Weeknotes 183; commoning AI

Hi all. You sometimes think that the moment has passed, and you missed the impact. I felt like one of the few that did not catch covid. But it seems there is a final round now, so many people did catch it last week as I heard. And I am one. Luckily that I don’t really feel sick. A light fever, one day chilly, and less energy. And a bit of a cold that can touch my voice. Especially last Friday, just at moment we had the Mozfest workshop… I think it did not really impact the flow and we had a lovely and intimate session.

In the middle of the week, I participated in a session at Amsterdam UAS and had dinner with the group, all on food commoning supported by AI systems, organized by Viktor. The workshop was super rich and triggered some good thoughts on AI systems in relation to commons, distribution, and communities which has a lot of relevance for the field lab projects that focus on Cities of Things neighborhood services. I will keep you updated as soon as there is a publication or report.

one of the activities impersonating the AI and actors

Some online sessions I checked: a Dezeen panel on metaverse and architecture with some great reflections by Liam Young. You might even only check his 5 min introduction starting at 7:40. Behind the scenes of the metaverse, the render sweatshops. Real people that exist on the other side. “No technology has ever really been a solution to anything, it really just exaggerates the conditions that exist”.

Oh and what about the Apple event of last week…?

Upcoming for the week

I did cancel some appointments of course, as part of the covid rulings. I missed last week’s opening of the Arcam exhibition I mentioned earlier. And Superflux at Droog is also still on my list. For the rest, I have not on the calendar. Let me know if I miss something…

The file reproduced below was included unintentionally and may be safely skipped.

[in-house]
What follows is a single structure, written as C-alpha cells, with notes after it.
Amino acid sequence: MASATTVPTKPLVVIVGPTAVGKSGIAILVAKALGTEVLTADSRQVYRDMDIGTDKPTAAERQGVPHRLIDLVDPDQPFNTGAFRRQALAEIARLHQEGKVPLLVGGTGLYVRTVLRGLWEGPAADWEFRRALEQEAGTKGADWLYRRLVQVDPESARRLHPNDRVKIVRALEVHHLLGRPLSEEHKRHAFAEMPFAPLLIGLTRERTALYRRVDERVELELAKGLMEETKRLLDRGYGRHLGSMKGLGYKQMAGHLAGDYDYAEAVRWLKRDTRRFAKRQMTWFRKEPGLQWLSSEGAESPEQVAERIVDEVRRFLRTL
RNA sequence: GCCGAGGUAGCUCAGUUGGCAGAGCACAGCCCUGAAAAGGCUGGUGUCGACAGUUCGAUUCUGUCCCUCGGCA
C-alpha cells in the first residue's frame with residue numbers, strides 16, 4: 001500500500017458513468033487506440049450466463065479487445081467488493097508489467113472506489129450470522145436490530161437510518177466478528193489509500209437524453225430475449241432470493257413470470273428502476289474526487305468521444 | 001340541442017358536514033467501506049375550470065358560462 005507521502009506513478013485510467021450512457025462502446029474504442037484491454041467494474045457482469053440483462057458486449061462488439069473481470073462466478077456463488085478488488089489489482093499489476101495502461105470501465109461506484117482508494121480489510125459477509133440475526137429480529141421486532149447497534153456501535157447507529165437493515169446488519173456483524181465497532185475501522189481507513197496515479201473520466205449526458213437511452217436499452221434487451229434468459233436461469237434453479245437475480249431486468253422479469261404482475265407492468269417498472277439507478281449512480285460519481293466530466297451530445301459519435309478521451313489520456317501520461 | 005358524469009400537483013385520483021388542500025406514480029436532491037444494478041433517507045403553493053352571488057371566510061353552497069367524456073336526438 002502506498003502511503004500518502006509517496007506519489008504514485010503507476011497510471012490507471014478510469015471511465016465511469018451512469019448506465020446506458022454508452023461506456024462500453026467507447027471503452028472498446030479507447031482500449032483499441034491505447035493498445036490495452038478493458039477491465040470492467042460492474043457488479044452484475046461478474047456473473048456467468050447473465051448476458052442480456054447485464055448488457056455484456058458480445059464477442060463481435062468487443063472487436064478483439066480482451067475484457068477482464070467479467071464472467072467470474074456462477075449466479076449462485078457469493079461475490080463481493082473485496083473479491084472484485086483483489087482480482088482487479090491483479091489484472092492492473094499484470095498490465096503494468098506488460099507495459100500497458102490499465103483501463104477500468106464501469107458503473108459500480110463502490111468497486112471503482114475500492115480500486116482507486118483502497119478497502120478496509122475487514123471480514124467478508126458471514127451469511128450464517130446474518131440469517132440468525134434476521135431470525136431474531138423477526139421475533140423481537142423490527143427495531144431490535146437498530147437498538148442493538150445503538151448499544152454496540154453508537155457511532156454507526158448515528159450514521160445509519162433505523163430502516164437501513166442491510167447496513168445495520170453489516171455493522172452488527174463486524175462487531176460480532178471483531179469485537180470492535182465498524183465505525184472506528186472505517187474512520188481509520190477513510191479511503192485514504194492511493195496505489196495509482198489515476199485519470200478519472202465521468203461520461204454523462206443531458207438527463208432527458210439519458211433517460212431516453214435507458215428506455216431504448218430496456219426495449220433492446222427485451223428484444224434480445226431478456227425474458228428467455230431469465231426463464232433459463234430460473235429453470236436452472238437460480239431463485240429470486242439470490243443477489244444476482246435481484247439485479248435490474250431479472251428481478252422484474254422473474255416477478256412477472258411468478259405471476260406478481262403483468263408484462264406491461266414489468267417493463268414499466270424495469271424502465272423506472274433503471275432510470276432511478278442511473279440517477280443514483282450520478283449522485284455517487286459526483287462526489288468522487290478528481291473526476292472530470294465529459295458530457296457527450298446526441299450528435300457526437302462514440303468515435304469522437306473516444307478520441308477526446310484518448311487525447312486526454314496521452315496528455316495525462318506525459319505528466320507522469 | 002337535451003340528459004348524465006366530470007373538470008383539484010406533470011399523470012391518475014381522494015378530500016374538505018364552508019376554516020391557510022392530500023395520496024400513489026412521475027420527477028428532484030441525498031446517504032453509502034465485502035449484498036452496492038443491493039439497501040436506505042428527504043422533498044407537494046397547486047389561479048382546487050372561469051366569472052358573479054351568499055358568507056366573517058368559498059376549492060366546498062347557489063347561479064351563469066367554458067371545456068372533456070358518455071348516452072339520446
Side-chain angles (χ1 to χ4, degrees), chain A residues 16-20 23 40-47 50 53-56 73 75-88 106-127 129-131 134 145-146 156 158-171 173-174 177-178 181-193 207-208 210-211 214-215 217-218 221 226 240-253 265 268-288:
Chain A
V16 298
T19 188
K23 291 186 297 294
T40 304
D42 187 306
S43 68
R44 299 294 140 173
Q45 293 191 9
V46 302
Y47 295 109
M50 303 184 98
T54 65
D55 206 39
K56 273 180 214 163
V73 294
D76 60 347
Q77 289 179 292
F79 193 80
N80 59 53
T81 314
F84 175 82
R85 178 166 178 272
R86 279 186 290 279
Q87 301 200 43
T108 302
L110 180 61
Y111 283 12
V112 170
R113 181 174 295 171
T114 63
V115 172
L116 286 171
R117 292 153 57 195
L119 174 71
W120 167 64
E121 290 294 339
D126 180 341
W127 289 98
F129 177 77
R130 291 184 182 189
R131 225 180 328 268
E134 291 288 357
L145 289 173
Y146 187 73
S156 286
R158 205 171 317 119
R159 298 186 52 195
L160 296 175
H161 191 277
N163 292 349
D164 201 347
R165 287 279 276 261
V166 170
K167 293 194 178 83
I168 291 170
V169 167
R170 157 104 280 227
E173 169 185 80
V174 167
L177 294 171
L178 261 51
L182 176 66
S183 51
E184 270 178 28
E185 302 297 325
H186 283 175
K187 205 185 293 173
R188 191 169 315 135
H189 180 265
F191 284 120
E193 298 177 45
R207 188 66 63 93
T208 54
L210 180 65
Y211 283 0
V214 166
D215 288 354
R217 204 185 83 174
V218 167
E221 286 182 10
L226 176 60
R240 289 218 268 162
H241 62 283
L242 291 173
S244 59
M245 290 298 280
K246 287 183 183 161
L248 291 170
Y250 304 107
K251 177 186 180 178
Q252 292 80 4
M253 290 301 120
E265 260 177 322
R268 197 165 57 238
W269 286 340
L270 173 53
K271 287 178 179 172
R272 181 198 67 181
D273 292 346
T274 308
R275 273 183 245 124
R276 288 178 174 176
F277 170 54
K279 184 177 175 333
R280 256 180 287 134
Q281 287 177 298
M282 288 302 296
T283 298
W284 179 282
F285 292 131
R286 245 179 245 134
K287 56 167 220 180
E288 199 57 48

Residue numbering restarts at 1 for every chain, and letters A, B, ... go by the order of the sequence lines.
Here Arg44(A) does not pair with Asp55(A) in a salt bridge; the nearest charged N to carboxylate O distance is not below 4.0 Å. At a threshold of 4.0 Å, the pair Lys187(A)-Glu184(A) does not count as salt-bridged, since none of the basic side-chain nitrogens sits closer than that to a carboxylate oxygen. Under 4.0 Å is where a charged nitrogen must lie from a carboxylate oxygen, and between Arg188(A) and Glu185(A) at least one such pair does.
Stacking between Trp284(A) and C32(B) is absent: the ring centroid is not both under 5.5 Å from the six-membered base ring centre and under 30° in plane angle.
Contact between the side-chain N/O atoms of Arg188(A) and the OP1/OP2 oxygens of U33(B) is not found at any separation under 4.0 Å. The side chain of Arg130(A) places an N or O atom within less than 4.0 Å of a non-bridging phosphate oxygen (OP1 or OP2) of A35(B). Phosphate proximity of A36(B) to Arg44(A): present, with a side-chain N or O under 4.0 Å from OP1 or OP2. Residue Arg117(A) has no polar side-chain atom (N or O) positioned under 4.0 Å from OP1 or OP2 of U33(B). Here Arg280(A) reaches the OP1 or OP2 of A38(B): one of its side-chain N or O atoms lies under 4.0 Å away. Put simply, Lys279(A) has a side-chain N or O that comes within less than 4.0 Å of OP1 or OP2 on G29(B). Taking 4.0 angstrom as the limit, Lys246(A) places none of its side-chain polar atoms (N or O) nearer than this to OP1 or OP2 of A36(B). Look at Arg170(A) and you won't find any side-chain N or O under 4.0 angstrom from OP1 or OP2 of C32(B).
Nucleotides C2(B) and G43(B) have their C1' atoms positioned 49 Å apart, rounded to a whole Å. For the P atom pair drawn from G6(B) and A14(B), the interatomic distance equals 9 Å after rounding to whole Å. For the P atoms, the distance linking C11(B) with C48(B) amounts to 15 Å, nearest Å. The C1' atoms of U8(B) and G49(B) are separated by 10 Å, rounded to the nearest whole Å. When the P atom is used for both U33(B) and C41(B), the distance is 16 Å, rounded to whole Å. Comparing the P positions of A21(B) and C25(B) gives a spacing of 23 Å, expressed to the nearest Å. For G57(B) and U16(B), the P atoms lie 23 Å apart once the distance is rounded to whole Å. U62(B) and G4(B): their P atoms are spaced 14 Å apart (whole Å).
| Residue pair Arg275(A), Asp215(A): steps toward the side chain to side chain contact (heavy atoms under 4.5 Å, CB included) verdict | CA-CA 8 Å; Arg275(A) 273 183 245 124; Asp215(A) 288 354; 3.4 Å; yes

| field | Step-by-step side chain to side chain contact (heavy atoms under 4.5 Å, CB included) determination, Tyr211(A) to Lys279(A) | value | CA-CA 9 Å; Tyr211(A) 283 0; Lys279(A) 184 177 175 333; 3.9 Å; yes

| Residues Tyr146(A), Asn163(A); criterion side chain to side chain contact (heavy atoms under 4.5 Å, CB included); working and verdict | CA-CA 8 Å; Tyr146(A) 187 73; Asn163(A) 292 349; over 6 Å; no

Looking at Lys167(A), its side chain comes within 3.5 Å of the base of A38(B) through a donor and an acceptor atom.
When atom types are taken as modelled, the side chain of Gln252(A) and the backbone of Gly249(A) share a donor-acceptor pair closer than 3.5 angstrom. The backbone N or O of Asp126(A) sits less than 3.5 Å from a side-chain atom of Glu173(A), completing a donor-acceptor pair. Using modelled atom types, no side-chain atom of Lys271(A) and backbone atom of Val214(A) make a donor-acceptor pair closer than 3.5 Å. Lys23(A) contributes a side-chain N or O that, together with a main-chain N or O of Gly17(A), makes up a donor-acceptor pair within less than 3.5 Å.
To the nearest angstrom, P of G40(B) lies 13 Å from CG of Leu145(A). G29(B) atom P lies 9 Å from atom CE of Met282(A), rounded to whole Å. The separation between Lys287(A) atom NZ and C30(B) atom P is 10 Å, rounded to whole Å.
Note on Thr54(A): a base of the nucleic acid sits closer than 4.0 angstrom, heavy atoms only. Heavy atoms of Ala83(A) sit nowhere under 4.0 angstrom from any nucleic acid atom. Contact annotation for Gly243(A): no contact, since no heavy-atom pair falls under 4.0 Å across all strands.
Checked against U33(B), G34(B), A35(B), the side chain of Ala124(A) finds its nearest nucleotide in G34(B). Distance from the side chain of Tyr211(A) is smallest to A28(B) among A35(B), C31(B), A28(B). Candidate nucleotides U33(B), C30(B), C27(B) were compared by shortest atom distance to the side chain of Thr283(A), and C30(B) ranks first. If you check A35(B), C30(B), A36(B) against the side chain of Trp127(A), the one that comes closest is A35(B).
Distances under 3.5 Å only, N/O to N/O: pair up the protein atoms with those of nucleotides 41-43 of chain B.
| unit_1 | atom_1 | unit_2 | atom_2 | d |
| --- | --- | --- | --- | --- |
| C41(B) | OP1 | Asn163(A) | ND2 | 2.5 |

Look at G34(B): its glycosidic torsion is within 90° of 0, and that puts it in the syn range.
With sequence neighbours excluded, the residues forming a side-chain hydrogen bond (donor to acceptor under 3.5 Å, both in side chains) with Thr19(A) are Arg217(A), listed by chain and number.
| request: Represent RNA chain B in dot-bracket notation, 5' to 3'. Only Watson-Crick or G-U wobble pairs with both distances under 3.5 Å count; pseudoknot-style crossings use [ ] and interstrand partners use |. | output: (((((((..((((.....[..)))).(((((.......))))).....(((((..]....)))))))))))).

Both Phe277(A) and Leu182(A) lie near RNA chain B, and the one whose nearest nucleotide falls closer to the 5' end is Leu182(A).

You can of course follow SXSW from a distance as I do. I am curious if I will feel the urge next year to go again. Erwin Blom has set up a collective blog for Dutch participants to share their experiences, so check it out if you can read Dutch.

News of last week

Astonishingly Hyperconnected: Climate Change and Biodiversity Loss
CLIMATE – “The Climate change and biodiversity loss are inextricably linked and mutually reinforcing, and one can’t be addressed without the other.” 
SMASH Lab Uses Wearables To Train New Privacy
INTELLIGENCE – “Researchers in the Smart Sensing for Humans Lab have shown that data collected from sensors in smartwatches can quickly train a millimeter-wave doppler to recognize human movements and behaviors.”
The rise of robot dogs
ROBOTICS – “The new CyberDog, costing the same as a flagship smartphone, could be the device that propels us straight into a posthuman future.”Not new of course, but interesting how it is framed by this classical magazine Domus. And it is of course an interesting development that a utilitarian dog (nothing cute) is so cheap now. The copycat of the Spot dog.
Predicting the past with Ithaca | DeepMind
INTELLIGENCE – “In a paper published today in Nature, we jointly introduce Ithaca, the first deep neural network that can restore the missing text of damaged inscriptions, identify their original location, and help establish the date they were created.”There is a category of adventure children’s books and comics based on the heroics of deciphering ancient languages and texts. Not any more…
Possible Outcomes of the Russo-Ukrainian War and China’s Choice – U.S.-China Perception Monitor
CRISIS – I do not share that many articles on the current crisis. There is a lot. This one was interesting to read from another angle; how would the interest of the Chinese influence the crises?
Superflux debuts ‘The Library’ at Dubai’s Museum of the Future
MORE THAN HUMAN – I mentioned the Superflux installation in Amsterdam above. It is a compact statement; this one in Dubai is a bit bigger… “(…) the large scale installation deals with the interconnectedness of the human species with other life forms on the planet, and our duties towards them.” It looks quite visually impressive for sure.